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How to Build a PMO for Results

The PMO or project management office (sometimes also referred to as a program management office), is a business function that has become much more popular in recent years.  But it’s still a function that is commonly misunderstood.  What is it?  What does it do?  How does it add value?  And how do you create a PMO that delivers results?  We’re going to explore all those questions and more here.  Let’s start with the most basic of questions.

What is a project management office?

At the most basic level a project management office (PMO) is a support function that helps improve the delivery and execution of projects in enterprise organizations. PMOs usually exist at a departmental or domain level, though they don’t always exist in every business area.  IT PMOs are extremely common; HR PMOs, much less so.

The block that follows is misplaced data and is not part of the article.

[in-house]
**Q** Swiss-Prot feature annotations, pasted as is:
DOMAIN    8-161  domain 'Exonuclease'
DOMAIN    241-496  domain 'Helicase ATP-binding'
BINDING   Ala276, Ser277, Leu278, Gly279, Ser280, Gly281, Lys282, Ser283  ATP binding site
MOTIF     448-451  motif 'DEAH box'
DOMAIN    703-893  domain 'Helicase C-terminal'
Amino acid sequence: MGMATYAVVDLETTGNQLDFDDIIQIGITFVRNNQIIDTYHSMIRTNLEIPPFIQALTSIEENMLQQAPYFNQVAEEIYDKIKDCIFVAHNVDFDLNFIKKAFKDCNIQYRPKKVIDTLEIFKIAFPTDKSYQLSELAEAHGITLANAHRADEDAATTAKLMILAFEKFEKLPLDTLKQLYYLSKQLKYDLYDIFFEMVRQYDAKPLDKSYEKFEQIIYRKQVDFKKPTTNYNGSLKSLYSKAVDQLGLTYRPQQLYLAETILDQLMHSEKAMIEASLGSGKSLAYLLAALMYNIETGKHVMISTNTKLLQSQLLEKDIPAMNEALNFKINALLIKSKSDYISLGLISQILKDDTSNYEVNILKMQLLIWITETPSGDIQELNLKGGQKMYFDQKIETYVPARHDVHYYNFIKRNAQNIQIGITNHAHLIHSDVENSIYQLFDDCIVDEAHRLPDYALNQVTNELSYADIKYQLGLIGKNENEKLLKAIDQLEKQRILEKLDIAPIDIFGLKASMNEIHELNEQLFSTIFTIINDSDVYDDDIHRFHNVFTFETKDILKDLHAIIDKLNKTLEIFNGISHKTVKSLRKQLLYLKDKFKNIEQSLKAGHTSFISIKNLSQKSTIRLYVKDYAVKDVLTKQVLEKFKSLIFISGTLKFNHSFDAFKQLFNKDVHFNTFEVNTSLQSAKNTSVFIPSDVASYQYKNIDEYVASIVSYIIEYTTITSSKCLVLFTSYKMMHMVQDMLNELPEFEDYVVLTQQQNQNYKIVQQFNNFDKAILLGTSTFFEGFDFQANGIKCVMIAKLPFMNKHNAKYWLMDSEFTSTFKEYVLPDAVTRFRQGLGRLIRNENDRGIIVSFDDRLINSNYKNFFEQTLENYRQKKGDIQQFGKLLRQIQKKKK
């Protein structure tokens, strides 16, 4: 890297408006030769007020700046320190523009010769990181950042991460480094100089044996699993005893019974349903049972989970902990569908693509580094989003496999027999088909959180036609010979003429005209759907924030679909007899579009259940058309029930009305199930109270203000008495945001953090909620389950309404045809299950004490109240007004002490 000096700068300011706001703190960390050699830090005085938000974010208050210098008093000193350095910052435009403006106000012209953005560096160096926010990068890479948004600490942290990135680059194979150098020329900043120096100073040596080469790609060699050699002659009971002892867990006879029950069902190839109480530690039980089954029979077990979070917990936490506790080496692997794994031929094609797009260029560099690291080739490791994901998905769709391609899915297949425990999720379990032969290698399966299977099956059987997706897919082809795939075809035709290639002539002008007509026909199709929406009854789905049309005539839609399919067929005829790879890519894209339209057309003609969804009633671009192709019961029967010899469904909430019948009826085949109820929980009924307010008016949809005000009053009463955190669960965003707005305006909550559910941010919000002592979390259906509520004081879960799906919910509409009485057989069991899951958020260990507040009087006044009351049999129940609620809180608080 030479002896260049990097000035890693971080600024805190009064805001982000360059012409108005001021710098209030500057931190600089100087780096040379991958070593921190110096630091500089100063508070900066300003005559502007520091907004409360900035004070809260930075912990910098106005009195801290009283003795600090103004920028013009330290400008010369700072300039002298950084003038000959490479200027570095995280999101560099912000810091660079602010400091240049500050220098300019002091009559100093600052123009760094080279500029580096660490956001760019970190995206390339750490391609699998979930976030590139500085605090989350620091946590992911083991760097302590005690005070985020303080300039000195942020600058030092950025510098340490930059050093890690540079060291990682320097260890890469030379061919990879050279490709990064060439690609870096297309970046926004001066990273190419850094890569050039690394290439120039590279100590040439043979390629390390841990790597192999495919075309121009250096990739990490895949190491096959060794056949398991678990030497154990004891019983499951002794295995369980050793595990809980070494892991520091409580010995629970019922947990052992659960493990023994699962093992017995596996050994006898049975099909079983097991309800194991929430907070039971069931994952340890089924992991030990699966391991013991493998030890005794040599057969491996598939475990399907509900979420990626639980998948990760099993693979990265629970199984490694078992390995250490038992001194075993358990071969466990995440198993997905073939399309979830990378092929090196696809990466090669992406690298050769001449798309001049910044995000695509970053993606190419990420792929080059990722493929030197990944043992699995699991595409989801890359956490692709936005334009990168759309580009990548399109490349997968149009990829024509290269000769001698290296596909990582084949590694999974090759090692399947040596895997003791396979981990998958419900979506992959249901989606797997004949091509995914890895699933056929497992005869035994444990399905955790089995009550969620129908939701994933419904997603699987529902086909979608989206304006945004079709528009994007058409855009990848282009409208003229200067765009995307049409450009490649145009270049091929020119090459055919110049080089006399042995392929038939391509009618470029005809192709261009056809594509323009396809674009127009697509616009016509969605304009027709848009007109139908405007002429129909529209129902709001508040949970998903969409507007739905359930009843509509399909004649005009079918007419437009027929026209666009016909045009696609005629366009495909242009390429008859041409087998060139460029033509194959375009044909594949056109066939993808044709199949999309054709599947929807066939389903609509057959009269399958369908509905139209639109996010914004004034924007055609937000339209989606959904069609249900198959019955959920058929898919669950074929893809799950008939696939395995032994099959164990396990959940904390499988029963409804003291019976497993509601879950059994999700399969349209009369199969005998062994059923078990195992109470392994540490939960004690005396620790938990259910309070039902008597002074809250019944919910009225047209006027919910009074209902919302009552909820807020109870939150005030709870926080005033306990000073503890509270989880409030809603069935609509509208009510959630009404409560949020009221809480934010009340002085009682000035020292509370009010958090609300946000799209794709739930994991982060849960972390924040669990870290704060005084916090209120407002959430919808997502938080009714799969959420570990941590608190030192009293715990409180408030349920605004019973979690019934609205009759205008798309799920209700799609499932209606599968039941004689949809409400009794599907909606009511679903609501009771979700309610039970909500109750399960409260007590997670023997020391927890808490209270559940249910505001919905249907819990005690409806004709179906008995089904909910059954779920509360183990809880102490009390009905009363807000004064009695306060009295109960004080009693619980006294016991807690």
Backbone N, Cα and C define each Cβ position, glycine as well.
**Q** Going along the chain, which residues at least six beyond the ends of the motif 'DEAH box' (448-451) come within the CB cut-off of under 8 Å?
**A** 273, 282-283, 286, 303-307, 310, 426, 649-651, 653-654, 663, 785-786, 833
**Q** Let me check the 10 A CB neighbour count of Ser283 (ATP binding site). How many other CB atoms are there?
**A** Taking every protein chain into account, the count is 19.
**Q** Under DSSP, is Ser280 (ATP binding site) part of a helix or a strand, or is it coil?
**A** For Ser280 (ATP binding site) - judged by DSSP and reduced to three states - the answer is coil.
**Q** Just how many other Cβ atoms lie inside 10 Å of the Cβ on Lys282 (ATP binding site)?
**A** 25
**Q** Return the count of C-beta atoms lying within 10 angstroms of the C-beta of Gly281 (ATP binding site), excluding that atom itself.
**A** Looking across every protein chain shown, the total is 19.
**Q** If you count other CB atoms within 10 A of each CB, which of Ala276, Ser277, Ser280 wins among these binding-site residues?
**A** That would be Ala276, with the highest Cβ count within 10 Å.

Historically, project management offices sought to improve the quality of project delivery in many different ways, not all of which were seen as valuable for all stakeholders.  That could Historically, project management offices sought to improve the quality of project delivery in many different ways, not all of which were seen as valuable for all stakeholders.  That could include project related governance processes and oversight, methodology compliance, consolidated reporting and similar, fairly tactical functions.  This could cause tensions with project managers and teams who saw PMOs as ‘big brother’ like, and among departmental leadership who didn’t see a return on their investment in the PMO function.

Why are project management offices important?